Andrew Lawson, a postman at Craigievar near Alford, designed and built this remarkable steam tricycle between 1895 and 1897. This unique local vehicle has survived in working order and with it a great deal of fascinating information about the dawn of the motoring era in Scotland's North East.
Andrew Lawson was a man fascinated by the rapid technological advances of his time. His interest led to him becoming one of the earliest professional photographers in the area and also to being among the first to use electric light in his home. He had rigged up a water wheel driven generator before the turn of the century.
Postie Lawson was familiar with the steam railway locomotives that dropped his mail at Whitehouse Station. He also followed with keen interest the advances in road vehicle design on the continent as described in magazines to which he subscribed and in 1895 he decided to build his own road steamer.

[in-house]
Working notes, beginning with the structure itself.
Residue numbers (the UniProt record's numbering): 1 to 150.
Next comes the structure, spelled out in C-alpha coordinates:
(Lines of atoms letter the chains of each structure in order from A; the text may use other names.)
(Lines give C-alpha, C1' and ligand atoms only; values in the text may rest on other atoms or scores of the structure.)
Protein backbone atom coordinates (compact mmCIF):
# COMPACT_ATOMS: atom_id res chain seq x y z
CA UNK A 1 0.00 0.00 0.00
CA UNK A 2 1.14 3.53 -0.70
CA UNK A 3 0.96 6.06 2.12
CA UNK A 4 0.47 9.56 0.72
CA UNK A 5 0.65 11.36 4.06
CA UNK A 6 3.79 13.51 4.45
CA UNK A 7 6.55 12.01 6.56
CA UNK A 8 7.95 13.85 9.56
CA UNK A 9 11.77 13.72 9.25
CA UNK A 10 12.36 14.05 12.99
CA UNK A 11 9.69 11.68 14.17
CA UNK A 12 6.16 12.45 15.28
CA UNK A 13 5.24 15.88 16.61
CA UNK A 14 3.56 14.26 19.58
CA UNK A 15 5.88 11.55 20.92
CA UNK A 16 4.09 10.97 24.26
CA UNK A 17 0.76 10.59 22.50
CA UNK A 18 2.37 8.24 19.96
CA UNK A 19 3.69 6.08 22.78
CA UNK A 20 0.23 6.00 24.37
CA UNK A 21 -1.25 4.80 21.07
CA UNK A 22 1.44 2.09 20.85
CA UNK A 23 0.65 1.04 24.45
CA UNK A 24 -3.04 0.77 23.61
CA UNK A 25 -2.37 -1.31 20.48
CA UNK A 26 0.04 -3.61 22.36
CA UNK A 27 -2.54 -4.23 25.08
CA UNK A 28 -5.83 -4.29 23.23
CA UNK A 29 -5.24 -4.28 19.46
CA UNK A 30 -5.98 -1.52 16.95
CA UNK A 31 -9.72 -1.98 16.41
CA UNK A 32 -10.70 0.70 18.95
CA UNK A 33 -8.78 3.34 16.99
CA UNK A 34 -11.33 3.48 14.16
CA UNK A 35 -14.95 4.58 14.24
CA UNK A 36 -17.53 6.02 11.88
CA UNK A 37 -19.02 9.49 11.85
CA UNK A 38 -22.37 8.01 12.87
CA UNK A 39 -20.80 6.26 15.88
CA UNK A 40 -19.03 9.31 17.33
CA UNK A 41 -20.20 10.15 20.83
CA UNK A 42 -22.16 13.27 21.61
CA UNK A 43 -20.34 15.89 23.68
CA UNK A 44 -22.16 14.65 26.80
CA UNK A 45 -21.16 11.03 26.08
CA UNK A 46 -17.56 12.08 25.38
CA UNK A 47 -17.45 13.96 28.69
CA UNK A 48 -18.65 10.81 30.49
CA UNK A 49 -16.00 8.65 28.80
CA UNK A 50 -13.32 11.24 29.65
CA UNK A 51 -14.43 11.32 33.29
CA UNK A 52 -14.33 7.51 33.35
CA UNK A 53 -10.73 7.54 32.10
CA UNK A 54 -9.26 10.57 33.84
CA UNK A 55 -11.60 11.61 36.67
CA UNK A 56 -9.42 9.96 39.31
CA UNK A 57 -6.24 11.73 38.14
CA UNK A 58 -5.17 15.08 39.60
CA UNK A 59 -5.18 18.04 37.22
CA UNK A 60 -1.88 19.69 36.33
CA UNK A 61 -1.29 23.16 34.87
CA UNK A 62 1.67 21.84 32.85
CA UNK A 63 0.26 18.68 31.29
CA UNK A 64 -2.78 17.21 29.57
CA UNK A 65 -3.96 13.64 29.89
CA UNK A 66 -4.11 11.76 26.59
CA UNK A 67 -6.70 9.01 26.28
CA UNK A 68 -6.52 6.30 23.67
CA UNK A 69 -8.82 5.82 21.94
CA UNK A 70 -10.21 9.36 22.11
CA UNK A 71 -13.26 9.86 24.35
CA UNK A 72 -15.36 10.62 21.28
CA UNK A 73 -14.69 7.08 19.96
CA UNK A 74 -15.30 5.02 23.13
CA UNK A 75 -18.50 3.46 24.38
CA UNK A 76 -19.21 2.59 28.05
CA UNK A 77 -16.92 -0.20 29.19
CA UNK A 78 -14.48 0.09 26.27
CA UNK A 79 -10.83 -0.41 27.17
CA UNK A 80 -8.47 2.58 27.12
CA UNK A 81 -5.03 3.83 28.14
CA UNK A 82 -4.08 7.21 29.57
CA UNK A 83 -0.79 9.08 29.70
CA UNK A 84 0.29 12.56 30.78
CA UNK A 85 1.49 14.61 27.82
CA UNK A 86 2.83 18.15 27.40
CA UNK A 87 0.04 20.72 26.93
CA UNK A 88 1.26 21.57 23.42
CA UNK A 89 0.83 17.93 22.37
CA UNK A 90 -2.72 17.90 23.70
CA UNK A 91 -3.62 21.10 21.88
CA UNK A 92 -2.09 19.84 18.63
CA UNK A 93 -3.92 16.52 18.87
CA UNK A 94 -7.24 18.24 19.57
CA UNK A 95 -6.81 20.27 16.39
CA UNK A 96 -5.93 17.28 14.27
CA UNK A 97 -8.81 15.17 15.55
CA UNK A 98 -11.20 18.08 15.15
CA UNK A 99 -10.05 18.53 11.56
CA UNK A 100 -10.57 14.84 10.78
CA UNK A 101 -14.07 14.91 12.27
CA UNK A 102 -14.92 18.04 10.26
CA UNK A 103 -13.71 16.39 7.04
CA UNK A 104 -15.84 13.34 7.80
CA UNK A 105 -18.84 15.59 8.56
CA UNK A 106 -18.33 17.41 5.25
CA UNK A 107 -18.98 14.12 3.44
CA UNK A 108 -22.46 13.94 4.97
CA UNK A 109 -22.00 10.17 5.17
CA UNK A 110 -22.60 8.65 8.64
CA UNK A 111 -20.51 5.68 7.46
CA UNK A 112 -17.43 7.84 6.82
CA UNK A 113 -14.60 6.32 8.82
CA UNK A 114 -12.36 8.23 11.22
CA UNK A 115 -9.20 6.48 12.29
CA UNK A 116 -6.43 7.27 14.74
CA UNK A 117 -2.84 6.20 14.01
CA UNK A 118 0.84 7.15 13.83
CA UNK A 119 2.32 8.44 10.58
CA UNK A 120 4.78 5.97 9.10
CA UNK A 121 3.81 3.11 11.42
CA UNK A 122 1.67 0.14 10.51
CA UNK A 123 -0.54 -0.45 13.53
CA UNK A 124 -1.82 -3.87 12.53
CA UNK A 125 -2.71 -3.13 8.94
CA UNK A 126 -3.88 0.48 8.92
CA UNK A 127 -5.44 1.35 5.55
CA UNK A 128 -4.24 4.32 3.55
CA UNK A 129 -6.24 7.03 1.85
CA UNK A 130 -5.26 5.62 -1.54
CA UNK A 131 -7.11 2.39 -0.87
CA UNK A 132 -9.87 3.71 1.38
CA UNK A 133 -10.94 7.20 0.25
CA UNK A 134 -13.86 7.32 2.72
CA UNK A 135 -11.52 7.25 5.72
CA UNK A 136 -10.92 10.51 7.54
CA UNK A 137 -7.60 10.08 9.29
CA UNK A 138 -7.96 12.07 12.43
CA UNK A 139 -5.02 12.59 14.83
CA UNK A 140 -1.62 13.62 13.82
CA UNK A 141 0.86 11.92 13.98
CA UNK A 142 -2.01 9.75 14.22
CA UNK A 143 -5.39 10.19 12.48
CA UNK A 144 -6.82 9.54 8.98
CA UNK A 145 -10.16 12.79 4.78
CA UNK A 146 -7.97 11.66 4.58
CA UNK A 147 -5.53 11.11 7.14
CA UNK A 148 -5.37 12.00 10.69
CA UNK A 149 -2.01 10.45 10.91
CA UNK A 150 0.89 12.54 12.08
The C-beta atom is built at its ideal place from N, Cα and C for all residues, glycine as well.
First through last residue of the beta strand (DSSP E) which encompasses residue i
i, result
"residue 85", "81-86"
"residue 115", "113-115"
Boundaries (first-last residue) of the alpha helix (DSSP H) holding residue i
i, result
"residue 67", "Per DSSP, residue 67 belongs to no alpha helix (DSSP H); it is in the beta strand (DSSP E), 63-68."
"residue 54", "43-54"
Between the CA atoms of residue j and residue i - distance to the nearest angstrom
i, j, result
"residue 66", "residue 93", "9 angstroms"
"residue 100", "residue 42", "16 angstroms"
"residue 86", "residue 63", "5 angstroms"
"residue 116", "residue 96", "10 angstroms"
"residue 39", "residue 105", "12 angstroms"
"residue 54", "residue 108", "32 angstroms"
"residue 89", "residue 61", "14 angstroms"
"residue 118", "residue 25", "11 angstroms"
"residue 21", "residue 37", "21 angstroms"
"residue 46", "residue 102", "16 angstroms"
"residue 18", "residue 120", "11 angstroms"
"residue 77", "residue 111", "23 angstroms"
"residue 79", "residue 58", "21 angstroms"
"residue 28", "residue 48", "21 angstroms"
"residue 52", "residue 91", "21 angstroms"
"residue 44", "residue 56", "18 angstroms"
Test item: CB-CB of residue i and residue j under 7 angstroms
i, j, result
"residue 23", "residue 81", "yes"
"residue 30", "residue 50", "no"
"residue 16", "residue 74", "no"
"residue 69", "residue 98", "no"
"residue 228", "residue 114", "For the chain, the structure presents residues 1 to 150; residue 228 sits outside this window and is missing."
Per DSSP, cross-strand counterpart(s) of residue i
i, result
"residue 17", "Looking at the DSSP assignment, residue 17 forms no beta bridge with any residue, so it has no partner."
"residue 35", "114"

The result was a timber framed tricycle that embodied many of the design features that were current at that time: tiller steering, flywheel & carriage brakes and vertical fire tube boiler. Unusual was the very early use of an effective differential.
The 'Express' was demonstrated to the press in 1897 and ran at parades, shows and galas for many years. Postie Lawson used it at least once for his postal delivery round but it is doubtful that it proved more practical than his GPO pony, 'Kate'.